The urethral sphincter muscle in the male



The male urethral sphincter is a striated muscle in contact with the urethra from the base of the bladder to the perineal membrane. The individual muscle fibers are 25 to 30% smaller than fibers of associated muscles and are embedded in connective tissue which obscures the visibility of the whole muscle.

The muscle primordium is laid down around the urethra prior to the development of the prostate. Subsequently, the prostate develops as a diverticulum of the urethra and grows into the developing sphincter, thinning the overlying musculature. With the onset of puberty, accelerated growth of the prostate displaces the sphincter, with atrophy of the overlying muscle, resulting in what may appear to be isolated segments of the sphincter muscle distributed around the prostate. The prostate overgrows the anterior portion of the urethra and the associated sphincter muscle.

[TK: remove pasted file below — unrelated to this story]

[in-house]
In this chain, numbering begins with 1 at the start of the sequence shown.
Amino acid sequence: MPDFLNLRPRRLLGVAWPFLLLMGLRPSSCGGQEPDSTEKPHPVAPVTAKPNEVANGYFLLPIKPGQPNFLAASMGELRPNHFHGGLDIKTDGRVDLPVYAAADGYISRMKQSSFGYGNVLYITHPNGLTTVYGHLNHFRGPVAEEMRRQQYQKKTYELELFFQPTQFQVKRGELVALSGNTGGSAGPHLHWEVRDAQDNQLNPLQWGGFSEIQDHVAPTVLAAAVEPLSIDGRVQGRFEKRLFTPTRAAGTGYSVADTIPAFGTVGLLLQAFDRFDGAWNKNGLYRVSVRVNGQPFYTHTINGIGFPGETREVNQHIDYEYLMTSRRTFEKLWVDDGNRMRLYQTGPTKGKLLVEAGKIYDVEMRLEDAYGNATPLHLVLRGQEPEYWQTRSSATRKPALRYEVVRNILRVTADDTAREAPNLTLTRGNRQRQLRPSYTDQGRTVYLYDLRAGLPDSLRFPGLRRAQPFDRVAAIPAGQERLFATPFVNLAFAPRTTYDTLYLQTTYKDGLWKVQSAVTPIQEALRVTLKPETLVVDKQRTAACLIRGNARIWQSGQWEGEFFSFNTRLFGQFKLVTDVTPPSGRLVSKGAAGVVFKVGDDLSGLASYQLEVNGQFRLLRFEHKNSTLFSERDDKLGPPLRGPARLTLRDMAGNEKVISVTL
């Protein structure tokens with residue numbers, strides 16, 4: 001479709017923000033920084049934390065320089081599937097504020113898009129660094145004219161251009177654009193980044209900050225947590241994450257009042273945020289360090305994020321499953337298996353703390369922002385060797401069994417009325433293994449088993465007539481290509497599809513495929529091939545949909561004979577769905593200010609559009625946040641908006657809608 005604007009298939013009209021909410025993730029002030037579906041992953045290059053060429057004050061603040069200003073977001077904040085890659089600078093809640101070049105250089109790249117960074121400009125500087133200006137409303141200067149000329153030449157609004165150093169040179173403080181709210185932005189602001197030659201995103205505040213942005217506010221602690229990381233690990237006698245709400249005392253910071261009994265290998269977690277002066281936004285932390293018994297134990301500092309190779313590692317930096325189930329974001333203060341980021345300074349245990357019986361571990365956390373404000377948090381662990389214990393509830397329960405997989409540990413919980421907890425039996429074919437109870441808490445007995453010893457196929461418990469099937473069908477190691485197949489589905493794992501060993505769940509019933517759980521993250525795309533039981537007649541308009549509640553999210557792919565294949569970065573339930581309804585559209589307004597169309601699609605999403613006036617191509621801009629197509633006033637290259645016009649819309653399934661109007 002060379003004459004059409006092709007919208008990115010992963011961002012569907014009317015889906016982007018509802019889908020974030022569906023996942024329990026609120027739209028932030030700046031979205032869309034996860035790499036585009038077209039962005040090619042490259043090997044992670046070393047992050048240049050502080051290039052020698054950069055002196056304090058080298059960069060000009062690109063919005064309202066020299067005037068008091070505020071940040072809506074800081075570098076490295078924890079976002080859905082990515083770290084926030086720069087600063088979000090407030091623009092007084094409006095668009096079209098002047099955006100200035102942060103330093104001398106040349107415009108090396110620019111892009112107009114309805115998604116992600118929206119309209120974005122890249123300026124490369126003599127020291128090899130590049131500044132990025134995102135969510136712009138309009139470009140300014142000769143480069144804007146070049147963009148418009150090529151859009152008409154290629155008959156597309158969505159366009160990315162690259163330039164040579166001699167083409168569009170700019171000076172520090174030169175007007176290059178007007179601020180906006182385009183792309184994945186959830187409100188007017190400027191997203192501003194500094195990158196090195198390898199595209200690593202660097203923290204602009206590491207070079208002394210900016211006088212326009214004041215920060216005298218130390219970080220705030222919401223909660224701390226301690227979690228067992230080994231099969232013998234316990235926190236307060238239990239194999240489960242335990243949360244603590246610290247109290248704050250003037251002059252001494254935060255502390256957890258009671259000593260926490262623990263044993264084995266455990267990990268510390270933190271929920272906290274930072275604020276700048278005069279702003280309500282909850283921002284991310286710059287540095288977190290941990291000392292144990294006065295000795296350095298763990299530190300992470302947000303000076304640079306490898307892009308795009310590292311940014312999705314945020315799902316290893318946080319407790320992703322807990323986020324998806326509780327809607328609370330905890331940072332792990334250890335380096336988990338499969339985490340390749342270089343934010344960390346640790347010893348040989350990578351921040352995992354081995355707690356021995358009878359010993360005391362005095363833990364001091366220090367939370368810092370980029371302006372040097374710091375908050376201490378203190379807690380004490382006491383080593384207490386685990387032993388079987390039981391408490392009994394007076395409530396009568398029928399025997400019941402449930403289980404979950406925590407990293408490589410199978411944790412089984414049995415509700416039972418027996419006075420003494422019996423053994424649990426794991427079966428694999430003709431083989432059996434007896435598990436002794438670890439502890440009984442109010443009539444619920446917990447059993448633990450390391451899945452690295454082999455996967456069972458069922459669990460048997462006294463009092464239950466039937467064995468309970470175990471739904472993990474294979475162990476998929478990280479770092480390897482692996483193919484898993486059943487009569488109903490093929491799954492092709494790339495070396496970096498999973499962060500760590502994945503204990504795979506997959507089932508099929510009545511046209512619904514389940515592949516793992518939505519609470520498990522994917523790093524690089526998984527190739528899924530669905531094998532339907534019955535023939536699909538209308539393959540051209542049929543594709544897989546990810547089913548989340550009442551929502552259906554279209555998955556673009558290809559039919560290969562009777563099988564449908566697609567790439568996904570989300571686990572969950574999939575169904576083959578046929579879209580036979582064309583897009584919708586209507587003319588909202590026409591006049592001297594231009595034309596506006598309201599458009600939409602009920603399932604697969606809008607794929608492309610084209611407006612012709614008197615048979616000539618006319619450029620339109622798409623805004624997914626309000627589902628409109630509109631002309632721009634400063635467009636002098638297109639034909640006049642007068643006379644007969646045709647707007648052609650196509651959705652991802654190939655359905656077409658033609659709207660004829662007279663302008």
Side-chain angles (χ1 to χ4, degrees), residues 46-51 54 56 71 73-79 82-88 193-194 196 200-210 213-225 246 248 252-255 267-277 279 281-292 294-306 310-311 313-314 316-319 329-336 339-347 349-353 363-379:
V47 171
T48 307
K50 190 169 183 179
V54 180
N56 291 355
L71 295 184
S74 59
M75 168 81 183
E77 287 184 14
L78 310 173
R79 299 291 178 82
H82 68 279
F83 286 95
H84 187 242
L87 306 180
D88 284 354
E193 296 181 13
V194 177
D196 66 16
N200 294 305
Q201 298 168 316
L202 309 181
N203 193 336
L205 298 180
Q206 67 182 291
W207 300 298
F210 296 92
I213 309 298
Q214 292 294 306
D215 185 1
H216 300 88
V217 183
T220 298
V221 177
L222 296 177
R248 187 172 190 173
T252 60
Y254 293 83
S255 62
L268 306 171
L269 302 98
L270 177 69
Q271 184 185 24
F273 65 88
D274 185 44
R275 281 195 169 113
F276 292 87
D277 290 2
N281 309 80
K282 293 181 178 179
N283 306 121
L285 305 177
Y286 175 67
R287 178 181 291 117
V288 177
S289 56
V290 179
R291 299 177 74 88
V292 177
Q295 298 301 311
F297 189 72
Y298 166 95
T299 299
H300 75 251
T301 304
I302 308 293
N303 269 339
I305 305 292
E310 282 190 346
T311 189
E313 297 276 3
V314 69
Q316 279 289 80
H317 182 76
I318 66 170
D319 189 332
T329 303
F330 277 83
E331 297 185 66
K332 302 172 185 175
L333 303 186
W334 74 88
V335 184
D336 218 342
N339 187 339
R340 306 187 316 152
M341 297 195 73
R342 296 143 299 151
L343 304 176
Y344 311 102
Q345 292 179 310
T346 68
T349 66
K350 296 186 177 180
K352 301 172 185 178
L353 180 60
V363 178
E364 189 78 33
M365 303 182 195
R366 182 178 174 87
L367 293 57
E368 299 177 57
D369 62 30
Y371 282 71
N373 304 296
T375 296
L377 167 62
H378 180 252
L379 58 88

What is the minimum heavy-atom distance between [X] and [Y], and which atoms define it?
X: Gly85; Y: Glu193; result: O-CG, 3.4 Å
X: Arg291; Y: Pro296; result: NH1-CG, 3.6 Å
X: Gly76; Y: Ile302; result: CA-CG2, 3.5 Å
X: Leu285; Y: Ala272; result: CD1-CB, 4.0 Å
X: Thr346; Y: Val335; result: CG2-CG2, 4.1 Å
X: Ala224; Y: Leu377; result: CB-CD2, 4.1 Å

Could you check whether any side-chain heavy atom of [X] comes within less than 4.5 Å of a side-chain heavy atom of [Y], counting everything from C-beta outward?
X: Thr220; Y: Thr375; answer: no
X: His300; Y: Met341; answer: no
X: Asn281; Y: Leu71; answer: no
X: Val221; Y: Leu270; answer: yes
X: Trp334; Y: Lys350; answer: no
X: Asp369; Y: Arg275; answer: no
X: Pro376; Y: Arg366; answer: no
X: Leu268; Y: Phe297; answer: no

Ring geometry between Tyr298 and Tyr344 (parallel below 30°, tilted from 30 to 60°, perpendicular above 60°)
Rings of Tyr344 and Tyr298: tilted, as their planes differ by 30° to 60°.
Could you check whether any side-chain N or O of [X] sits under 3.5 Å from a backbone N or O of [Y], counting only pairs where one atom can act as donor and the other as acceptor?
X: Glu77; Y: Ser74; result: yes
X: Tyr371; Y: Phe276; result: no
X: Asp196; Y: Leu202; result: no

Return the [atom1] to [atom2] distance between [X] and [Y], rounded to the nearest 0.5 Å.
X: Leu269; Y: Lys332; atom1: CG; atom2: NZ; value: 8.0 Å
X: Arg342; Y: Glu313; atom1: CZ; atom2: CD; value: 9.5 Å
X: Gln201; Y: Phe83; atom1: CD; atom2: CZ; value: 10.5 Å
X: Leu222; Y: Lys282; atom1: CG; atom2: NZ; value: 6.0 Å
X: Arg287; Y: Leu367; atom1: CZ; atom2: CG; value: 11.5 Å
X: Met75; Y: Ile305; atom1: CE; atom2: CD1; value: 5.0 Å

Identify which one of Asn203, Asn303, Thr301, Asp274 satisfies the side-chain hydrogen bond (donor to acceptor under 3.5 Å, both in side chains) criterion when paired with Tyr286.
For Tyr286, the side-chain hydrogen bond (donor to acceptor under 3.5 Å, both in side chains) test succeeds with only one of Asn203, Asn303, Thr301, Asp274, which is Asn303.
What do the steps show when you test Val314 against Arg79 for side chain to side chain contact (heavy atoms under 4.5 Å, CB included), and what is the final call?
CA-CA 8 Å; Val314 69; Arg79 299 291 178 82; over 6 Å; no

There is no distinct superior fascia of the so-called urogenital diaphragm separating the sphincter muscle from the prostate. The fascia of the sphincter muscle is inseparable from the prostatic sheath, is oriented vertically, and passes through the urogenital hiatus to unite with the fascia of the pudendal canals at the isochiopubic rami. Thus, the sphincter muscle is a component of a bladder-urethra-prostate-sphincter unit which lies within the pelvis, in the urogenital hiatus, and rests upon the perineal membrane. The concept of a urogenital diaphragm is not borne out by this study.